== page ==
I first encountered Aiden on a bright sunny day at a local rescue meet and greet. We locked eyes, and then he put his paws on my shoulders and kissed my cheek. Tears welled up, and I knew he was going home with me.
Seeking a playmate for my daughter’s Husky, Maggie, I knew instantly that Aiden would be a perfect addition to the family. His foster dad, Tom, gave me endless details. He likes pancakes (say what?) and the hairdryer. Tom’s wife often sat on the floor to “dry” Aiden just because.
Aiden is a strong, brindle colored husky with big brown eyes. Barrel chested and strong, he is shorter than most huskies, but strength, courage, and character make up for his stature. Truly a bossy clown, every day is an adventure with my A-Bear. He loves walks, children (especially the ones who hug him), and never meets a stranger. My boy loves to cuddle, and until recently, he would leap onto the bed to share my pillow and watch TV. (He simply loves Billions!)
Of course, like any Husky, Aiden has his mischievous side. Even today, he likes to drag my socks and underwear, along with my coveted sweaters, out through the doggy door and into the yard. He especially does this when I’ve been too absent or not attentive enough to him. I find him guarding them in the garden while giving me the cold shoulder. In typical Husky fashion, Aiden howls and woos to express his frustration, love, and excitement, and of course his hangry levels. I often meet his bowl midflight (yes, he can toss it) if he’s displeased with the quantity of his kibble. Message received, A-Bear.
Aiden, an alpha male, welcomed his new brothers Jude and Lyncoln, within a year, and the pack was complete for several years, until we lost Maggie due to an undiagnosed congenital kidney illness that quickly took her life. My Aiden fell into depression. He loved his sister and followed her lead. Now, he would have to be the number one canine, a tough gig for a freewheeling, loving lapdog. Yes, it’s true, dogs can be depressed. His vet prescribed him medication, but if I’m honest, it took three years for him to completely come out of that, and in fact, he went a little haywire, mostly due to high anxiety which led him into creating more destructive havoc.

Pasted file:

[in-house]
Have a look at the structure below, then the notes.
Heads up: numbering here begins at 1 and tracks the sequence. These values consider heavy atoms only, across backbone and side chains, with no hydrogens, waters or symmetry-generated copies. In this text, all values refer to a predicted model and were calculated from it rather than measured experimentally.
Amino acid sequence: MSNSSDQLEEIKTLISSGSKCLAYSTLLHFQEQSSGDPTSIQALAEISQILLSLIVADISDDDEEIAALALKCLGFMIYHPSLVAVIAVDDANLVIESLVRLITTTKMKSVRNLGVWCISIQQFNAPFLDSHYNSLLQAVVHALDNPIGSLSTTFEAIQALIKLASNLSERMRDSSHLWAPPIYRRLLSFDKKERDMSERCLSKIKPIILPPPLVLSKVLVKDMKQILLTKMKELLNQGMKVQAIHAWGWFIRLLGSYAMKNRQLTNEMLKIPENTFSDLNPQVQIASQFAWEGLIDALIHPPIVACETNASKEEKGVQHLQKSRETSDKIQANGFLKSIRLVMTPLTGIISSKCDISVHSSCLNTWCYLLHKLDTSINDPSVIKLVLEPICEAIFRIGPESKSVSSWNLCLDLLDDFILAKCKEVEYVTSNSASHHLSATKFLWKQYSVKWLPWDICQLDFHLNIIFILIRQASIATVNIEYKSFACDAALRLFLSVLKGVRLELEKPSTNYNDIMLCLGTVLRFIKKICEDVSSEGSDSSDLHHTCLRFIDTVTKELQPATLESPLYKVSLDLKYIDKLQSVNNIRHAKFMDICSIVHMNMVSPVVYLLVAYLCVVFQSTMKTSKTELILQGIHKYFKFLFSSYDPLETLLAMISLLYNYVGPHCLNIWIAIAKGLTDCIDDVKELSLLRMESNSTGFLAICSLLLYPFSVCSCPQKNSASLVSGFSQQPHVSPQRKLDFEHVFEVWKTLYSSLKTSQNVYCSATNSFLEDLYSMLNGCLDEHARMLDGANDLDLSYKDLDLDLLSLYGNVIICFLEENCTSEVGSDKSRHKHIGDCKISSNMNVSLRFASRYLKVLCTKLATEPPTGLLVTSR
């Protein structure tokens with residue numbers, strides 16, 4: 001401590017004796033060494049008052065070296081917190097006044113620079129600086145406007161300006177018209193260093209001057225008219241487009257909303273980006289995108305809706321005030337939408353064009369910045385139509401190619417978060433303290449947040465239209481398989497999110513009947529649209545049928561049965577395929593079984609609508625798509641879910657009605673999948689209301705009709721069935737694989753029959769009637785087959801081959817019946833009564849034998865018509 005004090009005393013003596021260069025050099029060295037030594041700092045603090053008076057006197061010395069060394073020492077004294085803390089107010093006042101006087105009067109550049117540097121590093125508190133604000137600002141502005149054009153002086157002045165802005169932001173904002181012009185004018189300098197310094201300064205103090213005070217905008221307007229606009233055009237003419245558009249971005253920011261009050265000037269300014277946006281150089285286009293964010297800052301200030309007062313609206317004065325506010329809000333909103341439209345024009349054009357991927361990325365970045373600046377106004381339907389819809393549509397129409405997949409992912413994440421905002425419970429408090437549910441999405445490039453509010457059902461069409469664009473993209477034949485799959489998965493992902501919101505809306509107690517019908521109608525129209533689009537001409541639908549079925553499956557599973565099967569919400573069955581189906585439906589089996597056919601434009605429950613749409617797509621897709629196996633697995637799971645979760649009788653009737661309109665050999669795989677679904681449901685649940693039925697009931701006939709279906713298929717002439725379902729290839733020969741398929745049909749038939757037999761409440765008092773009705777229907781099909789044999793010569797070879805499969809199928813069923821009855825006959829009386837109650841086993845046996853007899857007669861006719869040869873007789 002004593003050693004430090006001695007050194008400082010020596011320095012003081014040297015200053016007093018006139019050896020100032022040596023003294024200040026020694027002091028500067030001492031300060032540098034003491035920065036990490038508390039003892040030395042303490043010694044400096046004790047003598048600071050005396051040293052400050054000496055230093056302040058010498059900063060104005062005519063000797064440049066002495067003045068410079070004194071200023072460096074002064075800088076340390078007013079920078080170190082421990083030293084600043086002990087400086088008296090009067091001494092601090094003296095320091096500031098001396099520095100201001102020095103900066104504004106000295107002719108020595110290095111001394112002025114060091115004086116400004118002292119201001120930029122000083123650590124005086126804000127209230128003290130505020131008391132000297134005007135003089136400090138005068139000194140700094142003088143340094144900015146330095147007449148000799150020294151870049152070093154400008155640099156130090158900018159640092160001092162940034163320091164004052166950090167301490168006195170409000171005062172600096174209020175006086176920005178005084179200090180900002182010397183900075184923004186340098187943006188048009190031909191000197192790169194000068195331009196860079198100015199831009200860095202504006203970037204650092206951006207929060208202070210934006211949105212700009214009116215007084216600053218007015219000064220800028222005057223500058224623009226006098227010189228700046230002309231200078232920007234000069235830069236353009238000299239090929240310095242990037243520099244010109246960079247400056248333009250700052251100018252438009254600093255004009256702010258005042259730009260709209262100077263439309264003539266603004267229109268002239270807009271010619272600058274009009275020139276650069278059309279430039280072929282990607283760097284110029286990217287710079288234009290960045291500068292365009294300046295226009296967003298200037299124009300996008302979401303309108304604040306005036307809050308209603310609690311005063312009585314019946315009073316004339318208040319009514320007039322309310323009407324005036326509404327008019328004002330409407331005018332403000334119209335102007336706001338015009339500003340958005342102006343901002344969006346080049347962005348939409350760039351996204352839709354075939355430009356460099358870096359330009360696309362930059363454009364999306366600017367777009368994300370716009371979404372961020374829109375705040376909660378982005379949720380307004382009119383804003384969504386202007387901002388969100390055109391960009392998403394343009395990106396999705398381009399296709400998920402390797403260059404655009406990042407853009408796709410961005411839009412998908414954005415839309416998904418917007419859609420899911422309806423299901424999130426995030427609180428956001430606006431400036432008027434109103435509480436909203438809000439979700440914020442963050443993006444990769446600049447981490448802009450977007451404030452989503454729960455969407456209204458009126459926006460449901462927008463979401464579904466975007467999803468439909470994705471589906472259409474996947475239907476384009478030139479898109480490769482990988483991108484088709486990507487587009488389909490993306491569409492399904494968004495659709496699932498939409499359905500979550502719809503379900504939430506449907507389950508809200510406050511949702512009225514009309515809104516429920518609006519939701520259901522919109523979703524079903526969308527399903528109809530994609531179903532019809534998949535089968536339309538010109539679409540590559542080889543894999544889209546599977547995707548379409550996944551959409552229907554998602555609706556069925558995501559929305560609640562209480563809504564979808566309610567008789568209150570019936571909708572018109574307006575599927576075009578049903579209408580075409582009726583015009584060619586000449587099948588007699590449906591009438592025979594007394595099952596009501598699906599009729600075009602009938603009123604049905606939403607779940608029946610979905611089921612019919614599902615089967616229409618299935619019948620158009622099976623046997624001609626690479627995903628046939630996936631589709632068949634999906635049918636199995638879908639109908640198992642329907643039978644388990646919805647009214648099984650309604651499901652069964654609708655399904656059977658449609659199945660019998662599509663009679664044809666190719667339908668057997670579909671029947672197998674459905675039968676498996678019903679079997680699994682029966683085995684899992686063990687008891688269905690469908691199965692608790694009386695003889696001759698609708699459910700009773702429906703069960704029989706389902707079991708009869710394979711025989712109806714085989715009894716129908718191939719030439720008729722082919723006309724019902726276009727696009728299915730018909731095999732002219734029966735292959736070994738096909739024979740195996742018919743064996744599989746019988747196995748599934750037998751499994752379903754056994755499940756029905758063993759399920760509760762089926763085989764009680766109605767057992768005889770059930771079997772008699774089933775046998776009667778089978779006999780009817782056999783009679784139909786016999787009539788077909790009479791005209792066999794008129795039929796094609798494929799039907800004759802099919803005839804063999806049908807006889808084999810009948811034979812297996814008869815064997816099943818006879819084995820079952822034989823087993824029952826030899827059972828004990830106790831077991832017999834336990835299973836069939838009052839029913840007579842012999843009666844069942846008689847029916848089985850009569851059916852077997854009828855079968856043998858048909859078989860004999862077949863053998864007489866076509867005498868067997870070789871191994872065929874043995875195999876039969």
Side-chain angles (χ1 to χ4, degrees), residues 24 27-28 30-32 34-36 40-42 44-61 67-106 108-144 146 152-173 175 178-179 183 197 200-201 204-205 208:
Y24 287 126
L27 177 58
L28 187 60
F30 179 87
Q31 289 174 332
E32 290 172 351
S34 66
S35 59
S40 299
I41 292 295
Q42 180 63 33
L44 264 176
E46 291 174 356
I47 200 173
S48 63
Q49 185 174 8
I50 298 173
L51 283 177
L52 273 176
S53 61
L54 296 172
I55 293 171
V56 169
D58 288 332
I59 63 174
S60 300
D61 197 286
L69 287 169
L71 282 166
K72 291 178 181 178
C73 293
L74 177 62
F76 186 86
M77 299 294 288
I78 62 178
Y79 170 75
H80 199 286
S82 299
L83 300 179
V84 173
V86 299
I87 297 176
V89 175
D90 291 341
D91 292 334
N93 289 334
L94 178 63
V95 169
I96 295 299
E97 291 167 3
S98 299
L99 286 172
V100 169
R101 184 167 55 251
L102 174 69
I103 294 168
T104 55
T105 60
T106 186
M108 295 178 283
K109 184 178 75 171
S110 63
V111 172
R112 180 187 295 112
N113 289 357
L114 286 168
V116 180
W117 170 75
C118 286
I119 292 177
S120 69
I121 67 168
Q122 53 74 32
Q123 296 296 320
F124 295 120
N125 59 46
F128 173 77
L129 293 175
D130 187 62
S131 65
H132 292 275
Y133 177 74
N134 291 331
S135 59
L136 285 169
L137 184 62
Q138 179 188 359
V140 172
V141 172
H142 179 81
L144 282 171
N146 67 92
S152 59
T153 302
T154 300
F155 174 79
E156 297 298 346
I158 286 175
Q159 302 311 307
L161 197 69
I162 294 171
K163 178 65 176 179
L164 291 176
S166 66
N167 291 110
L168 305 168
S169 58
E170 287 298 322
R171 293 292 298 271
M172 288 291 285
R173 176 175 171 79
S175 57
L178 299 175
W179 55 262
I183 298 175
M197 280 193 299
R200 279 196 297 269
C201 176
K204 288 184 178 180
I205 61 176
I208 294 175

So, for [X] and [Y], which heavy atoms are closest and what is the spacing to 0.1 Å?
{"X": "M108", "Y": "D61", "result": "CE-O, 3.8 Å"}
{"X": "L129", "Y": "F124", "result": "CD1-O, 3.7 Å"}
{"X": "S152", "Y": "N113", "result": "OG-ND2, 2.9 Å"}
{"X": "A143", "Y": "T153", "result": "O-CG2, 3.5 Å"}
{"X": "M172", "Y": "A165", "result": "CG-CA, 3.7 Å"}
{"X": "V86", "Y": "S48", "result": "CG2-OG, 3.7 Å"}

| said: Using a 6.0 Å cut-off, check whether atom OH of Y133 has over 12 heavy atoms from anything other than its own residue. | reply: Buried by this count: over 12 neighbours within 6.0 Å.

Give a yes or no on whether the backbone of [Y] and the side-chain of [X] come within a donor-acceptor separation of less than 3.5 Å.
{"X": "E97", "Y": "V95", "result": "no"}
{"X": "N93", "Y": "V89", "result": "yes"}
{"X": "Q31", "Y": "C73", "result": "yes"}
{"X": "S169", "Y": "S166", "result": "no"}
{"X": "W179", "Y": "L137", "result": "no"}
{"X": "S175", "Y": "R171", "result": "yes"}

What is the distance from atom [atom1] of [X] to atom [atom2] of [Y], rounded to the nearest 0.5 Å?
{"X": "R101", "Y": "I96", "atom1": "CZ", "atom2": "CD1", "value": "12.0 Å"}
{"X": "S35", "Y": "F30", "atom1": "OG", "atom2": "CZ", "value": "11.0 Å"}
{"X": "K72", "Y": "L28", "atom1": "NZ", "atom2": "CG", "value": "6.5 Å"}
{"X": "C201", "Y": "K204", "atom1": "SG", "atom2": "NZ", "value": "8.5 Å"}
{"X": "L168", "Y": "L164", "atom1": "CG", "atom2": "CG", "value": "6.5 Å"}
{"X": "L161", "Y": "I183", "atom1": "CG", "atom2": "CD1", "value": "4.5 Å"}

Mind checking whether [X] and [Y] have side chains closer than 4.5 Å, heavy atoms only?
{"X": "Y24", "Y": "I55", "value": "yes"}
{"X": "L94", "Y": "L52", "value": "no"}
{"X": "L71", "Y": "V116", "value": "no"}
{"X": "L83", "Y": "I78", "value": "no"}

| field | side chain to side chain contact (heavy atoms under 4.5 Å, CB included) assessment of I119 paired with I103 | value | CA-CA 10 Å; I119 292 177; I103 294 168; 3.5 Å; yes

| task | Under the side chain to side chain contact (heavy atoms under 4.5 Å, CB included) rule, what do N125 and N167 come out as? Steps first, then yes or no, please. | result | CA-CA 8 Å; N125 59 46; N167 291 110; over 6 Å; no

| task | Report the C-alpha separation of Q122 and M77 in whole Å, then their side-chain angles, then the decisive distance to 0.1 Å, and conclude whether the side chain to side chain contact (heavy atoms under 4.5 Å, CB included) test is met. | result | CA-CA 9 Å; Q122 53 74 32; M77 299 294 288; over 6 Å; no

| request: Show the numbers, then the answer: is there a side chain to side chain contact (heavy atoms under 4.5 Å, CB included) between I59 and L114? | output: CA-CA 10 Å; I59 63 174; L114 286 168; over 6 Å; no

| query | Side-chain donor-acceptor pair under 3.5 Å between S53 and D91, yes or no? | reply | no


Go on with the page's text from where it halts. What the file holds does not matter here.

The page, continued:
After eventually calming down, Aiden had an unfortunate encounter with a dangerous toxin, left behind by exterminators, and almost lost his life. I was out of town when I received the news from my son, “something’s wrong with Aiden.” I gave instructions to get him to the vet and after two weeks in ICU at two different specialty hospitals, he finally came home.
I’ll never forget seeing him in the emergency room kennel. I knelt next to him and lifted his head in my hands. His eyes grew wide and lit up as I spoke to him. “Buddy, this is your fight. You gotta let me know how far to take it. It’s OK either way. I want you to be happy and never to suffer.”
He rallied and came back stronger than ever. For the next five years, Aiden was my strength, my rock. He carried me through three, not one, horrible career experiences, two break-ups, and a friendship betrayal that rocked my world. Never wavering, Aiden stayed right by my side, loving me through it all.
During the pandemic, I contracted COVID, not once but twice, and it affected my sense of direction and caused brain fog and confusion. Simple tasks and navigating well-known, frequented places became a challenge for me.